The initial European approval allowed Cytori to expand into Japan where, Dr. Hedrick noted, the company obtained its first clinical experience. The company capitalized on the fact that doctors in Japan can, with a prescription, import technologies approved elsewhere.
“And it just so happened that we had a relationship with one of the preeminent surgeons in Japan. In fact, our first 20 patients had breast cancer reconstructions performed in Japan at his university hospital,” Dr. Hedrick recalled.
“At the same time, we identified someone to lead the charge in Japan, that we were very fortunate to get, who was also a business leader at Baxter in Japan. One thing led to another, and we now have the majority of our revenues from Japan. It was all tied back to that original regulatory approval in Europe that allowed us to get into that market very quickly,” Dr. Hedrick added.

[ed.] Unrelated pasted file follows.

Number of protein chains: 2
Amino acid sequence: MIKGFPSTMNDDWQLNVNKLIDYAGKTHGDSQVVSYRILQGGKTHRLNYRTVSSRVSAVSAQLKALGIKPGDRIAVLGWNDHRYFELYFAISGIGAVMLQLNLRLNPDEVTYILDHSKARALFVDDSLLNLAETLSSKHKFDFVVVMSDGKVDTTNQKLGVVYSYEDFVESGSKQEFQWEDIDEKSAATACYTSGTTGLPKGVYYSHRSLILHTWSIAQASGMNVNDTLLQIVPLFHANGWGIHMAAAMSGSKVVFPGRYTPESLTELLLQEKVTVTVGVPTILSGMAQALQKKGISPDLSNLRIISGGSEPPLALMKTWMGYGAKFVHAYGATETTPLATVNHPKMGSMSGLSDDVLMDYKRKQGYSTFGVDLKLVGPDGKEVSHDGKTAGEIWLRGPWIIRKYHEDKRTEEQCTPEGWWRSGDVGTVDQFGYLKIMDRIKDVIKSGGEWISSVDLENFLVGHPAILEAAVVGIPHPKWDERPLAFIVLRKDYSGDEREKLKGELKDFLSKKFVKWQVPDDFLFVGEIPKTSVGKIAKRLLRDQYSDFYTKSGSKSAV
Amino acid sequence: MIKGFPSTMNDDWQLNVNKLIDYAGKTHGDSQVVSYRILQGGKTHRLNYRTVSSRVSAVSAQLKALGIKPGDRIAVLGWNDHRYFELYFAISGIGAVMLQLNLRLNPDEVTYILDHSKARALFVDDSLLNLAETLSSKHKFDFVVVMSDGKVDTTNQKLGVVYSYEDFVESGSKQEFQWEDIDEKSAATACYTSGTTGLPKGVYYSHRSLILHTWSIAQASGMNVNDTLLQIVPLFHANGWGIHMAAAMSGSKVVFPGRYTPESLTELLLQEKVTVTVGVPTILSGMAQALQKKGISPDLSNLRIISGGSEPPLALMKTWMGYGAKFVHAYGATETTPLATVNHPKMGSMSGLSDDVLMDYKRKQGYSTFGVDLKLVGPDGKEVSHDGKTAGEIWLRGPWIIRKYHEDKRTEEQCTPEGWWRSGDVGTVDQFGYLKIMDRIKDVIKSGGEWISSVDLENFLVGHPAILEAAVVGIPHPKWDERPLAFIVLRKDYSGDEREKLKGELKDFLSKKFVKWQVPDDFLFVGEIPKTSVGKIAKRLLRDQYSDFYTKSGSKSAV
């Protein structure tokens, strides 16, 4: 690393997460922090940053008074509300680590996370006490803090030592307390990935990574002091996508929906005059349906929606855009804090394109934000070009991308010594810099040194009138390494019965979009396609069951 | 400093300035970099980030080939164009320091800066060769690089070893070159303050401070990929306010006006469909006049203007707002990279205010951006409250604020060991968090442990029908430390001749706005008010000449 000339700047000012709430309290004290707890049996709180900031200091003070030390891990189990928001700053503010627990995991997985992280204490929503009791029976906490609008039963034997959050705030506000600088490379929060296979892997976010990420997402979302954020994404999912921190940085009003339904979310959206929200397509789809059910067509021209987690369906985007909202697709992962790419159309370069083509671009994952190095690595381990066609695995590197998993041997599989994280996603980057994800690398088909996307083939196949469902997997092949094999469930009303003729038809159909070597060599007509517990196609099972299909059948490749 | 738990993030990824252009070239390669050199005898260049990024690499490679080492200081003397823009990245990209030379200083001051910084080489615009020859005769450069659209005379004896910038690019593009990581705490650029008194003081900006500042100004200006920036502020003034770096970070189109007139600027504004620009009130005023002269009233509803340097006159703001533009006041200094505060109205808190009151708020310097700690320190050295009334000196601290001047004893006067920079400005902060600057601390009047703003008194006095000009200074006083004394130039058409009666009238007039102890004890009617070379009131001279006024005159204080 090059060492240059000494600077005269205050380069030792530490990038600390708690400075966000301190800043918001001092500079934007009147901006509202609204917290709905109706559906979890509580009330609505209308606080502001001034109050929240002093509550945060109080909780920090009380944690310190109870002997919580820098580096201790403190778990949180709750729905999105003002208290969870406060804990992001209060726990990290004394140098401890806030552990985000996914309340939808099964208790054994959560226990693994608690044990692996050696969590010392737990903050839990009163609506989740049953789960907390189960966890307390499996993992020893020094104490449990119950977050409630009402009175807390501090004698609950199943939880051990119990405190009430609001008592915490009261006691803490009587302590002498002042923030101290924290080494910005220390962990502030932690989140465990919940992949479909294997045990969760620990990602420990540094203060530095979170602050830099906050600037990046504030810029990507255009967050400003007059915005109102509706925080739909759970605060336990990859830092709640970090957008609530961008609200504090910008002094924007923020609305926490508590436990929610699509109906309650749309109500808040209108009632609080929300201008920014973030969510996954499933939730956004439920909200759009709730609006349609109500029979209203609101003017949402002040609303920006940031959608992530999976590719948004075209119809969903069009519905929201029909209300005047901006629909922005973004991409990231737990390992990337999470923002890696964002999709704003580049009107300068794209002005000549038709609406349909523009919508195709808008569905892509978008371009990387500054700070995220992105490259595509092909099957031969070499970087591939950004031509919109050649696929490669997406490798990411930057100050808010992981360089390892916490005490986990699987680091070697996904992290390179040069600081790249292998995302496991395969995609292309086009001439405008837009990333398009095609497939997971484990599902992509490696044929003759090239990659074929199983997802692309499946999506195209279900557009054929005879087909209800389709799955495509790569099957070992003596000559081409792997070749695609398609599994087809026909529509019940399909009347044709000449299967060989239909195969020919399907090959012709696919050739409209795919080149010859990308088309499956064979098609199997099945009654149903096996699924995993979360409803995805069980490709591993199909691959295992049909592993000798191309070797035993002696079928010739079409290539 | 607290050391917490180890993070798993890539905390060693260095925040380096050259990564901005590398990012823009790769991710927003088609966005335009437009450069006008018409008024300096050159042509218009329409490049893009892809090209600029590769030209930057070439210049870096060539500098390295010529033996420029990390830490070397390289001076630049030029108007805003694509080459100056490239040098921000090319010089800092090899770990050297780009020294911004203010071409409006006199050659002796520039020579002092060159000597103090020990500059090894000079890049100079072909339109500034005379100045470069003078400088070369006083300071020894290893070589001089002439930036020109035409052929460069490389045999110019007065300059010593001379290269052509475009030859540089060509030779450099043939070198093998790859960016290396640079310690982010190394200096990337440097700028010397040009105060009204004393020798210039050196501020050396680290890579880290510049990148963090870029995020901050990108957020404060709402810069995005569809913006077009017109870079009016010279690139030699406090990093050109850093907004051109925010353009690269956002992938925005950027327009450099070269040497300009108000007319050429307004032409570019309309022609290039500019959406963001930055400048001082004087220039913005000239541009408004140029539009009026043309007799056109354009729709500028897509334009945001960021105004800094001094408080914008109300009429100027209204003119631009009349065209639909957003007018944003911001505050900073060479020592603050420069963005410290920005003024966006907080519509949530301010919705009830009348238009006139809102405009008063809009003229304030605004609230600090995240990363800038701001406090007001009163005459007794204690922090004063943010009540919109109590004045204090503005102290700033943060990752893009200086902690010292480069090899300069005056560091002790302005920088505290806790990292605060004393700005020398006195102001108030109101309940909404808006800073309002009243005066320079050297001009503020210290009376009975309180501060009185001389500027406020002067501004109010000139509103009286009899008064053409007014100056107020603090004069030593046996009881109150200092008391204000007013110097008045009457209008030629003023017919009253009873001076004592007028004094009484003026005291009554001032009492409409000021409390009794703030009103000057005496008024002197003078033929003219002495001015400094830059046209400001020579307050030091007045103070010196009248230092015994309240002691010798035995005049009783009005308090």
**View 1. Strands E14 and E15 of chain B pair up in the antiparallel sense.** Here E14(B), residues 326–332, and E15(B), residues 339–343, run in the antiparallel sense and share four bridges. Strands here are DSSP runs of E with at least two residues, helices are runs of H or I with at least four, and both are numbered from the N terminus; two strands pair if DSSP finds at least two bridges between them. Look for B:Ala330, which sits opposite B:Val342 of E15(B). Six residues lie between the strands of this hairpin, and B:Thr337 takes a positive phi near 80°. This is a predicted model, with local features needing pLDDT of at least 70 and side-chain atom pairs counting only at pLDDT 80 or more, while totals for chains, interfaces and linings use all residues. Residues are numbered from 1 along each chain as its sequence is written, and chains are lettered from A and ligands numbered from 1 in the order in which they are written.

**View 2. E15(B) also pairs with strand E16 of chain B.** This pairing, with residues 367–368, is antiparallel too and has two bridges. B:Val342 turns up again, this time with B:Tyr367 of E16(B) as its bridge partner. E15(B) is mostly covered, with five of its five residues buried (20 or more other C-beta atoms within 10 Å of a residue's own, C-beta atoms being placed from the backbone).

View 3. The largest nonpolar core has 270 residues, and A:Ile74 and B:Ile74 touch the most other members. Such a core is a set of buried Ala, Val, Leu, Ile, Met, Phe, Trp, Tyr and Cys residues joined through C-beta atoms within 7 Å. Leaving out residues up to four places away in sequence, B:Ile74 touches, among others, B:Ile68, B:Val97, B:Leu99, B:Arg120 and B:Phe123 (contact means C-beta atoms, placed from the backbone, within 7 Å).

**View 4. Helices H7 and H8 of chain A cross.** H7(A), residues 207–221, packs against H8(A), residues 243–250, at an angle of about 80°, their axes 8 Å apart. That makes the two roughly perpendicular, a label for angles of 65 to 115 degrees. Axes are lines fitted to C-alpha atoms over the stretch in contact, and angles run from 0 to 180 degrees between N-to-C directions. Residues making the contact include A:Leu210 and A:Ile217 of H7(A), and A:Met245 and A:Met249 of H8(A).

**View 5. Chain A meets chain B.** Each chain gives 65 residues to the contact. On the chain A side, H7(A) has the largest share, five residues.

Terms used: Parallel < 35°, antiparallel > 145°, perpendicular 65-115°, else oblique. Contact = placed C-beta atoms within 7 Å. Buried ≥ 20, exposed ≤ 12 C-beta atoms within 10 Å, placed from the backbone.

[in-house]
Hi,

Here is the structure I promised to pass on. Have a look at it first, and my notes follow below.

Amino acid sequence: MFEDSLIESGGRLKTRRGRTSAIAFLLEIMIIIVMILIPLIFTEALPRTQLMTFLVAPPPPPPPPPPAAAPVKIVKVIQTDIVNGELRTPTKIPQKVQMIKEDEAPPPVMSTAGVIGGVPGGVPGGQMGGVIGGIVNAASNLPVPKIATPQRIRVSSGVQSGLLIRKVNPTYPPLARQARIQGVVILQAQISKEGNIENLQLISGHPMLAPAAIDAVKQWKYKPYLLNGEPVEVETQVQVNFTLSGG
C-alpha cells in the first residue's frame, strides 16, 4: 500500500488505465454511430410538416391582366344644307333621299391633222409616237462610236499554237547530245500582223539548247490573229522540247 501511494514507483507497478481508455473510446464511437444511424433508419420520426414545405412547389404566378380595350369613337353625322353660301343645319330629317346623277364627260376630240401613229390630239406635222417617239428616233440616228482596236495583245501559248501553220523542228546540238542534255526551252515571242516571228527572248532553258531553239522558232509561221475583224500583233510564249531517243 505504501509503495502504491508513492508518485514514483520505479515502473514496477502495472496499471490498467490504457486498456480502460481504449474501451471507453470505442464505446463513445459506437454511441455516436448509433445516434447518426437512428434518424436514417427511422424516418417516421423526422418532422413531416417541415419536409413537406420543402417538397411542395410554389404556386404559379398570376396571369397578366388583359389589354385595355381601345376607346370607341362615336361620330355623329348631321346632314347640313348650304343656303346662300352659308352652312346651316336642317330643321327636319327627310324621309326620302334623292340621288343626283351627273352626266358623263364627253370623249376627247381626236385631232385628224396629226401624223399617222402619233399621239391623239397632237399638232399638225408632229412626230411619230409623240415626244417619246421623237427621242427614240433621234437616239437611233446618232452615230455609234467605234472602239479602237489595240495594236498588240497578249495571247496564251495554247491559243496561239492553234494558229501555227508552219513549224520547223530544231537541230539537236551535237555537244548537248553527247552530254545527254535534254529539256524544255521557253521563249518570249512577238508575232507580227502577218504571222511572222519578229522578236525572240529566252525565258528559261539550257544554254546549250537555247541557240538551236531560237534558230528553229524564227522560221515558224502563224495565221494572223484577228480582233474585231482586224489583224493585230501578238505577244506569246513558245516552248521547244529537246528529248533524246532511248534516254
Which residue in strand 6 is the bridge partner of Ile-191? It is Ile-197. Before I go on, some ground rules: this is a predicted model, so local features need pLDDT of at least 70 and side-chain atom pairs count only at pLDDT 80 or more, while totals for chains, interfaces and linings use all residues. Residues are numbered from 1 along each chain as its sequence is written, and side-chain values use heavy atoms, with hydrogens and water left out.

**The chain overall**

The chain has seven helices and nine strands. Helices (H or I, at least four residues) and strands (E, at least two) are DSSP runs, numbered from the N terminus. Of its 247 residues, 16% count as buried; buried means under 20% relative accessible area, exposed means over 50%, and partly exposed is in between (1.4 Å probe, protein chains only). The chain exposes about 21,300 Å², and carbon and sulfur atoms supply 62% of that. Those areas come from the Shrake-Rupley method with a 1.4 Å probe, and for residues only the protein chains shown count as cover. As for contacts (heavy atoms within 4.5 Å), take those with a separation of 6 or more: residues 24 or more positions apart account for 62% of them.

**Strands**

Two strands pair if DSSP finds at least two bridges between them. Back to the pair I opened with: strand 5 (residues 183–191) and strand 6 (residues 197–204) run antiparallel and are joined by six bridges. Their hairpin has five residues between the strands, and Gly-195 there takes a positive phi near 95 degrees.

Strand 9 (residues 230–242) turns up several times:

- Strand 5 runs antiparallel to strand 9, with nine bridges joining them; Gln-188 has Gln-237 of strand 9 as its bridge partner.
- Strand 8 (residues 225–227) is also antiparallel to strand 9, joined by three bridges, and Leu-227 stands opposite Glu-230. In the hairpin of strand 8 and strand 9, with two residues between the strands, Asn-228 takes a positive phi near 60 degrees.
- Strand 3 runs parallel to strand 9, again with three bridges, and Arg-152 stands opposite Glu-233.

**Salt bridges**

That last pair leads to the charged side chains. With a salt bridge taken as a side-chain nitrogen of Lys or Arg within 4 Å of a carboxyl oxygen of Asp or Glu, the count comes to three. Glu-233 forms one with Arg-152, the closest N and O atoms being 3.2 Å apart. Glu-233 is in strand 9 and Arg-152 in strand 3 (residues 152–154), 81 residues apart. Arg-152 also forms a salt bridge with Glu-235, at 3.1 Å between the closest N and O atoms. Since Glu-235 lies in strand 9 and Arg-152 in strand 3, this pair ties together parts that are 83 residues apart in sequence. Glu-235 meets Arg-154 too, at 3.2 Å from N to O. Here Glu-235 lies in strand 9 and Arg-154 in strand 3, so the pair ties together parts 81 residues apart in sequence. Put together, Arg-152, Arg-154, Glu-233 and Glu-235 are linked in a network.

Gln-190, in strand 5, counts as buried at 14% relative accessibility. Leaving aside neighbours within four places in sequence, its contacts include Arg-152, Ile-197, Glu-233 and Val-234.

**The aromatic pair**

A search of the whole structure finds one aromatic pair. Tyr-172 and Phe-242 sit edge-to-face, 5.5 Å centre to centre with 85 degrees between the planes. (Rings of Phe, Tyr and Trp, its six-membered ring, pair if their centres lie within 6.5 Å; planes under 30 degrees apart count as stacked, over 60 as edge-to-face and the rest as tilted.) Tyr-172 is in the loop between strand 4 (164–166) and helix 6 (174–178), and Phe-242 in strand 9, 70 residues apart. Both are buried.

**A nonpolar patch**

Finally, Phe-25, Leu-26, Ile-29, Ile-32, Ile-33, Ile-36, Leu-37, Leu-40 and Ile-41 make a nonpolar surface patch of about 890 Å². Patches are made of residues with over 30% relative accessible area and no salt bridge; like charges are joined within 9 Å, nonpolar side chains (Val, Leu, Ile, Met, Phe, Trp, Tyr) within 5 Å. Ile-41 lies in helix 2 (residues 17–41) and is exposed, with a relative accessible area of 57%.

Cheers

Japan’s share of Cytori’s sales tumbled during the first quarter to 30% from 72% a year earlier due to the March 11 Tohoku earthquake and resulting tsunami. Japan is where Cytori, which maintains a Tokyo office, found two investors among some of the country’s corporate giants.
Last year Astellas agreed to buy $10 million of Cytori stock, and in 2008, Olympus, a medical device company, led a $17 million private placement financing. Two years prior, Olympus made an $11 million milestone payment to Cytori for obtaining CE Mark approval for the original Celution system.
“They provided a significant amount of capital to Cytori, and that was another reason why it made sense to focus on the Japanese market,” Dr. Hedrick said.